While it might seem ridiculously unlikely that falling space junk could kill someone, stranger probabilities have happened. According to a myth, the Greek playwright Aeschylus died in a tragic way. As legend states, an eagle that had just caught a tortoise thought Aeschylus’s bald head looked like a shiny rock and dropped the tortoise on him, killing him.
Unlike tortoises falling from the sky, natural debris falling from outer space is more common. Every minute of every day, space debris rains down on us, a risk that we rarely notice. The dust from asteroids and comets falls through the air and lands on the surface of the Earth without being noticed. Each year, this amounts to about 40,000 tonnes of dust. About once every 100 years, a body of debris tens of meters wide dives through the air and makes a crater.
Since we are sending more satellites, rockets, and probes into space, scientists think that it is about time that the probability of falling rocket debris killing people should be calculated. More than 4,500 satellites currently orbit Earth, and more are expected to be launched.
A new study calculates the probability of death from space junk
A new study, which was published in Nature Astronomy, figured out how likely rocket parts will fall and kill people in the next ten years.
The authors figured out where rocket parts and other things from space fall back to Earth land. They did this using a mathematical model of the angles and orbits of rocket parts in space, the number of people living below them, and satellite data from the past 30 years.
Higher probability of dying in the South than in the North
The authors found a slight chance that parts will return in the next ten years. But this is more likely to happen in the South than in the North. They estimated that rocket bodies are about three times more likely to land in Jakarta, Indonesia, Dhaka, Bangladesh, or Lagos, Nigeria, than they are to land in New York, China, or Moscow, Russia.
The study calculates a “casualty expectation,” which is the risk to human life from uncontrolled rocket re-entry over the next ten years. Assuming that each re-entry spreads dangerous debris over a ten-square-meter area, they found that, on average, there is a 10% chance that one or more people will die over the next ten years.
The probability of the risk is only going to increase
Until now, it hasn’t been thought that debris from satellites and rockets would likely hurt people on Earth’s surface or air traffic in the sky. Most studies of this kind of space junk have focused on the danger posed by broken satellites to other working satellites in orbit. Risks to people on Earth haven’t been factored into them.
Monica Grady writing for interestingengineering.com states as more people get into the rocket launch business, and the government hands it over to private companies, there will likely be more accidents in space and on Earth, like the one that happened after the Chinese Long March 5b was launched. The new study says 10 percent is a low estimate, so the 10 percent figure is a warning.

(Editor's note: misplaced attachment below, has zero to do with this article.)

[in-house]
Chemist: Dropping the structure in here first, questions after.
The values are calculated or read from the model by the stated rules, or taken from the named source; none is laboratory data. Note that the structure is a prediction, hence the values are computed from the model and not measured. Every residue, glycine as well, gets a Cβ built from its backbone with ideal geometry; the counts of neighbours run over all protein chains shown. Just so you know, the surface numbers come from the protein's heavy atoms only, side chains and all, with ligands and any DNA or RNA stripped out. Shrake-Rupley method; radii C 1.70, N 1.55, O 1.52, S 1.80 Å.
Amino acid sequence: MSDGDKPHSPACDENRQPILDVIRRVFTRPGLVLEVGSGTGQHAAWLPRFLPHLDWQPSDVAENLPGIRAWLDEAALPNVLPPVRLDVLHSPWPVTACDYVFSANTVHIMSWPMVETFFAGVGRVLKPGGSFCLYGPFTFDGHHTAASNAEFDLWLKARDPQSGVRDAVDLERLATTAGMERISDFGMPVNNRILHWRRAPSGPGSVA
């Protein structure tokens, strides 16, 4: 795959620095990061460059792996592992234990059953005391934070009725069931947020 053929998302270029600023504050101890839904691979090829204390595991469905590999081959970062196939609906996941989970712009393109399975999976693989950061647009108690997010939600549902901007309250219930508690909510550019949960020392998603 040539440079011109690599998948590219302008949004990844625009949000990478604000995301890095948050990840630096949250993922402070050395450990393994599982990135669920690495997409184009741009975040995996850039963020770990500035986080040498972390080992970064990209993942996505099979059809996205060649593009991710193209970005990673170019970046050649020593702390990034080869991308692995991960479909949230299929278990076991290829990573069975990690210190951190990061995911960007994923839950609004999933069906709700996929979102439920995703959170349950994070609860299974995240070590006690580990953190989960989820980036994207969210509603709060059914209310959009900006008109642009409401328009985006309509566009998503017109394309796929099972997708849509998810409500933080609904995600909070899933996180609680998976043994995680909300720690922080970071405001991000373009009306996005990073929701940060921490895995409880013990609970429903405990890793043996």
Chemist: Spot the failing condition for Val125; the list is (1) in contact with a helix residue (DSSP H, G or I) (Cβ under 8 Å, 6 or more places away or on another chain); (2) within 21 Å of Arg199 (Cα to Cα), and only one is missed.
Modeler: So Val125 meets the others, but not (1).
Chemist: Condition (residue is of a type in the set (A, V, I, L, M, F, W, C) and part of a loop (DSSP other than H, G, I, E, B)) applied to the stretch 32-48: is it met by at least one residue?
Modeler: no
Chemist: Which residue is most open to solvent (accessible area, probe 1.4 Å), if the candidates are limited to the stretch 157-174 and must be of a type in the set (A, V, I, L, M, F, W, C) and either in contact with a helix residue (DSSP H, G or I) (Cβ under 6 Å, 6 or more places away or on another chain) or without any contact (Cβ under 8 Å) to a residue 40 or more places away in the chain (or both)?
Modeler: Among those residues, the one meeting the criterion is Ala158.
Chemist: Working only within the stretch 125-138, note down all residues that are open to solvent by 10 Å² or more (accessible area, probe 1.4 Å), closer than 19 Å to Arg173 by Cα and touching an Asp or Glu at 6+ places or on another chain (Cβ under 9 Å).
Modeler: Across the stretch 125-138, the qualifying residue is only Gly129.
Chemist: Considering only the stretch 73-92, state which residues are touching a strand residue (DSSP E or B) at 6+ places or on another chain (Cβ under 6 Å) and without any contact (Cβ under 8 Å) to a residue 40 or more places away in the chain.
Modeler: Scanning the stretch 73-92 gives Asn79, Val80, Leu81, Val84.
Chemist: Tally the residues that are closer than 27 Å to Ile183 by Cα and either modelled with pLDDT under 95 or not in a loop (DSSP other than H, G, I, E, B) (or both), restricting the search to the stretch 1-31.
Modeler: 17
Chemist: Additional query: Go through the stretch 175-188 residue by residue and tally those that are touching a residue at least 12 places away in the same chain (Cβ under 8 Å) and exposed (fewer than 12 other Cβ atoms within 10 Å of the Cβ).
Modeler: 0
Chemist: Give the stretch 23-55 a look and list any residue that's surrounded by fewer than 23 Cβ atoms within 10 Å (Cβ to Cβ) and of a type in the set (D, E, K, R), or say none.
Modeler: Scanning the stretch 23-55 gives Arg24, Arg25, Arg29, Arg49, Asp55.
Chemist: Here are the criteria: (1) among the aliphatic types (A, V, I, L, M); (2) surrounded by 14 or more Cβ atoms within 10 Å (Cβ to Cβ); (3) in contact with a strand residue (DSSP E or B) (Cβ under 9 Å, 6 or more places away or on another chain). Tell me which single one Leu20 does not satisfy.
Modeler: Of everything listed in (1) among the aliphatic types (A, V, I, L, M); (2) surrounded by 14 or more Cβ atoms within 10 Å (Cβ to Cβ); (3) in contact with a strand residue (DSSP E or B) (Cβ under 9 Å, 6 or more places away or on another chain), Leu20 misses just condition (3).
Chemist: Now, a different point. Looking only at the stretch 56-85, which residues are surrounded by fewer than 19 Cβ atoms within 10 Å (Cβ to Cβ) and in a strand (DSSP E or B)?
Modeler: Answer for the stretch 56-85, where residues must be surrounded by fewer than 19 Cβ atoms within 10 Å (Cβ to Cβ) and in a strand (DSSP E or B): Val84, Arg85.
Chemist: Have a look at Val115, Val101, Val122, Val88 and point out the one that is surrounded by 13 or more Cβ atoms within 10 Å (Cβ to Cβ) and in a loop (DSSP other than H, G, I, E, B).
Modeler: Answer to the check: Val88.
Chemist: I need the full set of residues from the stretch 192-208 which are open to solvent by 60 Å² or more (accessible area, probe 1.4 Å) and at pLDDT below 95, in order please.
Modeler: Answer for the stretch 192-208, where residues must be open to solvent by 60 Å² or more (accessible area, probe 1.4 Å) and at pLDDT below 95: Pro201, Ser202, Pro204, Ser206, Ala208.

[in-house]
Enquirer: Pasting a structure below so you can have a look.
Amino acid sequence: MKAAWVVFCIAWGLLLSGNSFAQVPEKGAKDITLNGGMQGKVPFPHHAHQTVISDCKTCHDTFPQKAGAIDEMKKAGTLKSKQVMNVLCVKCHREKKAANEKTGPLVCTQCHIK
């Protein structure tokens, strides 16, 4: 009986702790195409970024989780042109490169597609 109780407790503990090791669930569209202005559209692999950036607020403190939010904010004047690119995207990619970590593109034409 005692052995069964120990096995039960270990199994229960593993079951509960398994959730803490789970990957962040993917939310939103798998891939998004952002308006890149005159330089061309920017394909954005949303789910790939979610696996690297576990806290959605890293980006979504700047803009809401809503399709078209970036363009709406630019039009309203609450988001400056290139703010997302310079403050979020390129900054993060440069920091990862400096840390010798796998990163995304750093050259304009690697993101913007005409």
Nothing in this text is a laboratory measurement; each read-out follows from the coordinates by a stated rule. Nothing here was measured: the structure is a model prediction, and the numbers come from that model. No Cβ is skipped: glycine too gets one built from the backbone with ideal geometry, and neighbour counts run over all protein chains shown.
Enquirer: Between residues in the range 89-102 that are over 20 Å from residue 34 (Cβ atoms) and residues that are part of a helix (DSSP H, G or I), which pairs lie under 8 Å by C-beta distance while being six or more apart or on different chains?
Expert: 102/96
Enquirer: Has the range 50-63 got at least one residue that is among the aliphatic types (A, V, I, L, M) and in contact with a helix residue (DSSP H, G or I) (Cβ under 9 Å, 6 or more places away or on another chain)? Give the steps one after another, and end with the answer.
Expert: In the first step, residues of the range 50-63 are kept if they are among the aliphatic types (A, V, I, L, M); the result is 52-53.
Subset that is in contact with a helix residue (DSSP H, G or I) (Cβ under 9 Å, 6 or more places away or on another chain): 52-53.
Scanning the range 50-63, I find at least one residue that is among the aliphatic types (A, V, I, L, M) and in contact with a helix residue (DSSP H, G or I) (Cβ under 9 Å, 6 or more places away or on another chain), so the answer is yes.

Preventing space junk from hurting people could be expensive
Many technologies could stop space junk from falling back to Earth, but they are expensive to use. For example, spacecraft can be “passivated,” meaning that unused energy (like fuel or batteries) is used instead of being stored when the spacecraft’s mission is over.
Choosing an orbit for a satellite can also make it less likely that it will become space junk. A satellite that is no longer working can be sent into low Earth orbit, where it will burn up.
Mitigating the risks
How are the risks of space junk falling from the skies being mitigated?
- In 2010, the UN’s Office of Outer Space Affairs released Space Debris Mitigation Guidelines and updated them in 2018.
- The European Space Agency is planning a mission in which a four-armed robot will try to pick up and remove space junk.
- There are also efforts to launch rockets that can be used more than once. Since these return to Earth in a controlled way, they leave behind much less trash. SpaceX has shown this, and Blue Origin is working on it.
Authors of the new study point out that these are just guidelines, not international law, and they don’t say how mitigation activities should be carried out or regulated in detail.
Steps that should be taken
The study says that improving technologies and planning missions more carefully would reduce the number of uncontrolled re-entry spacecraft debris. Uncontrolled rocket body re-entry is a collective action problem for all countries, and there are solutions, but every launching country must use them.
The authors want all UN states to sign a more robust and binding international treaty on space debris.